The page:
Sartre's Being And Nothingness Analysis

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The Situation comes in Part IV of Sartre’s Being and Nothingness and aims to explain how it is that one can be free in the face of the deterministic nature of our existence. This essay aims to explain how Sartre sees that there are aspects of existence which can be seen to restrict one's freedom, but under an ontological freedom these restrictions are nonexistent. These restrictions are referred to by existentialism as ‘facticitcity’ meaning the objective fact about the external world which are outside of one's control, past one's reaction to them. These facticities are categorised as My Place, My Past, My Environment, My Fellow Man, and My Death. This essay shall focus on My Past and My Death, and evaluate how both aspects are insufficient …show more content…
Sartre accepts that “Far from being able to modify our situation at our whim, we seem to be unable to change ourselves. I am not "free" either to escape the lot of my class, of my nation, of my family” (Sartre, 2003, p. 503). Sartre argues that one is free due to one's constant ability to choose our projects in life and we are free to place the meaning we wish to these situations. Sartre's idea of freedom differs from the traditional understanding, and this is especially clear when we consider the Prisoner (Sartre, 2003, p.505). The traditional understanding of freedom revolves around the idea of one's ability to act, to reach one's aims. In the traditional sense, the Prisoner is less free than the Freeman as he is locked away and thus unable to pursue his goals. However, it is for Sartre that both the Prisoner and the Freeman are equally free. Sartre sees it that there are no shades of freedom, the limit of freedom is merely itself. Freedom under this understanding is freedom of choice, focused instead on one's freedom to determine one's own goals, rather than freedom in conducting oneself. This means that the Prisoner is as free as the Freeman as both are able to set projects for themselves, and because the possibility of completion has no part in determining one's freedom; the Prisoner is …show more content…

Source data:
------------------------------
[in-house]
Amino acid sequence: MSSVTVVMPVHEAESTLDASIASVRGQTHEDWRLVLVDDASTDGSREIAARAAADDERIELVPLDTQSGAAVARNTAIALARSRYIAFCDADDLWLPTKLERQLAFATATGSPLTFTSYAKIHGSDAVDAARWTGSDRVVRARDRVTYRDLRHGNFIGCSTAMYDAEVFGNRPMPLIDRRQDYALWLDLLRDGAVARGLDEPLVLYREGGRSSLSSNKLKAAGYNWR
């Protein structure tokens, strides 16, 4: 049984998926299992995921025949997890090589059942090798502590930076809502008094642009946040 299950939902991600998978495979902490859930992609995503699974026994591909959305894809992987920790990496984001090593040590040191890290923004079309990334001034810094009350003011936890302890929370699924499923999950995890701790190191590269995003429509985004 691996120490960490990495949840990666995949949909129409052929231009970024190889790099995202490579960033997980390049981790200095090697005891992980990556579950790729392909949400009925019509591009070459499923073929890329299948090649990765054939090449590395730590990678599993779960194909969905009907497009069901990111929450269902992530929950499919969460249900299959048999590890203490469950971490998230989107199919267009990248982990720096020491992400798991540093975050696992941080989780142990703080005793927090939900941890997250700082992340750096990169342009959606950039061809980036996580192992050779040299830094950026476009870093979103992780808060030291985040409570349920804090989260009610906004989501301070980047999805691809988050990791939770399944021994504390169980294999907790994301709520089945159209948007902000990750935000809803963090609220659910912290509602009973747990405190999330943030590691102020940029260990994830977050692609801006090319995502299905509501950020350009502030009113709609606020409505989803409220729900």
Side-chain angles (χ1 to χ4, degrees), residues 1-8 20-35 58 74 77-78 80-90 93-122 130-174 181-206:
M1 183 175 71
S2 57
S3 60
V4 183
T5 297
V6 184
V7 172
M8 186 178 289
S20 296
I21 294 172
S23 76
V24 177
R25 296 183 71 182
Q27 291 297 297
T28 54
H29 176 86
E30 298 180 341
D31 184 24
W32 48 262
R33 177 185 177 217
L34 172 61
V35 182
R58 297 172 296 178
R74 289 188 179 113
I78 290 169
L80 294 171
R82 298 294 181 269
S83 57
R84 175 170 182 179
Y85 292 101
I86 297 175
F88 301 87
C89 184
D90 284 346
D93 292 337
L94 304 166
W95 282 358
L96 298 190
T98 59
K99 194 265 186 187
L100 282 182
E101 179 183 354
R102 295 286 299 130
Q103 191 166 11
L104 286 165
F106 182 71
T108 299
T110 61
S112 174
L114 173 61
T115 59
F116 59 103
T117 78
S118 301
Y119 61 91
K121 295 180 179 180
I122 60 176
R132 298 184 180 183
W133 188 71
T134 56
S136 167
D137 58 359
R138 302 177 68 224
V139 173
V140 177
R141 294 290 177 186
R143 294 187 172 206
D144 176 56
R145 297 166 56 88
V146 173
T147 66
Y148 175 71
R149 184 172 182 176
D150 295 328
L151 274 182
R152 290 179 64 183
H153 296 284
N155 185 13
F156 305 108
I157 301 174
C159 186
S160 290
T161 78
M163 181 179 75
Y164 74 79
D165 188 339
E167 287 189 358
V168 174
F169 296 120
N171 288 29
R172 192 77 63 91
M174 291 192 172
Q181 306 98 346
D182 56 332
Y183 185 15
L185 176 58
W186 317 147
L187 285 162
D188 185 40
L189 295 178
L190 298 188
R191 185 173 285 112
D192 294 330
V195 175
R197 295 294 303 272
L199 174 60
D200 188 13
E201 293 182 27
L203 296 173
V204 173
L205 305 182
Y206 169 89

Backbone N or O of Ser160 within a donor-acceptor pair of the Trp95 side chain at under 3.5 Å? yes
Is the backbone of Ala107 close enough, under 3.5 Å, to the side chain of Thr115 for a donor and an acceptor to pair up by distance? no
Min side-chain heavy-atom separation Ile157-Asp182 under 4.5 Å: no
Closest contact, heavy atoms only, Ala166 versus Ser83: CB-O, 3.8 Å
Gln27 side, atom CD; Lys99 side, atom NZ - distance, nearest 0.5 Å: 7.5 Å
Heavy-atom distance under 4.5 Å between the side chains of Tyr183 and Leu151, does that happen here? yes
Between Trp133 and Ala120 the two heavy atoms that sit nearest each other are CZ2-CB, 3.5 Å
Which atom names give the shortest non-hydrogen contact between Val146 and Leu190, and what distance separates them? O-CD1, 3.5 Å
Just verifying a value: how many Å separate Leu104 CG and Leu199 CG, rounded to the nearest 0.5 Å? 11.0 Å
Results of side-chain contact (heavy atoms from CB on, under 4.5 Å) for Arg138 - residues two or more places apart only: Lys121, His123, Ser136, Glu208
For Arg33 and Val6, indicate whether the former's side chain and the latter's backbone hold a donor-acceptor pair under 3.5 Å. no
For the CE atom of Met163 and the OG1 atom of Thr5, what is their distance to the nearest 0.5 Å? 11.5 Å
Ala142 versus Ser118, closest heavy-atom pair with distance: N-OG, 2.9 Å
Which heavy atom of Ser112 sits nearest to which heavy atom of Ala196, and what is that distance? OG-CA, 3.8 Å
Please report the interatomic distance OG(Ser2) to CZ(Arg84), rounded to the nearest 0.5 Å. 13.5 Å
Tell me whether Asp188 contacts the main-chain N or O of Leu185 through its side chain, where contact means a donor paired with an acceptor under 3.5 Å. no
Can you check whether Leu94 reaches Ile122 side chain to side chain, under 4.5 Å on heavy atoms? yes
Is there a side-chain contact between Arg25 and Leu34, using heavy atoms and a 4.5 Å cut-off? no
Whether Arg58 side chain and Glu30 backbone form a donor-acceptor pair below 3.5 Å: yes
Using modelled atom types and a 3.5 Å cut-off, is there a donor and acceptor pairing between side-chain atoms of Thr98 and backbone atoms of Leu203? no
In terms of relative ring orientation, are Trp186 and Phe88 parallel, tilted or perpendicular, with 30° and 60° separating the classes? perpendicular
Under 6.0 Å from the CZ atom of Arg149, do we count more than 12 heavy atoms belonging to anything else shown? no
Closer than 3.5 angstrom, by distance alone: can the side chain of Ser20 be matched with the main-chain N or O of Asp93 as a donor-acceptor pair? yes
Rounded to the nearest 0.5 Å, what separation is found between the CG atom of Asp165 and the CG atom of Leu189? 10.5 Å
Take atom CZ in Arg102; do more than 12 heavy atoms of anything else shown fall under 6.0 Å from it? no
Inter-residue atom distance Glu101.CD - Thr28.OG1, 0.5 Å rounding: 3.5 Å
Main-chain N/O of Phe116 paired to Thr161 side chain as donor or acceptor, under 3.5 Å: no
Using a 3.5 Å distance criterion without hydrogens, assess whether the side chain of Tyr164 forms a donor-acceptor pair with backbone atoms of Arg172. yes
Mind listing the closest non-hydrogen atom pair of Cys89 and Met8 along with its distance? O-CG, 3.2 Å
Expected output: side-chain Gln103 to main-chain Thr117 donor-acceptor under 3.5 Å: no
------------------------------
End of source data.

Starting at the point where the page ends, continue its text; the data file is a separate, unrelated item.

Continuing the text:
For example, once The Great War became WW1 it’s perspective cannot be changed back. Once WW2 had happened, it became illogical to not understand WW1 as WW1. This is significant because this is a restriction on one's freedom, as one is not able to conceive of the historical event in any other way. What's more, we can consider the issue with Sartre's ontological conception of freedom. Sartre maintains the idea that one has freedom, despite any apparent restrictions on one's freedom. Even an individual living under a tyrannical totalitarian regime, according to Sartre, is free. He states that “the slave in chains is as free as his master” (Sartre, 2003 p. 570). The issue with this is that by accepting a purely ontological definition of freedom, this means accepting that one cannot have true freedom. One is not free from the place in society in to which they are born, even if Sartre insists that one is free to choose the significance of their actions; some actions are not a choice at all and this is a restriction on one's freedom, the acceptance of unchangeable facticities is an acceptance of the lack of freedom in existence. This leads to Sartre's account of the aspects of freedom appearing as empty rather than a conclusive explanation of how one can be free despite facticity. For example, imagine a man who is told he will die in 10 minutes, he

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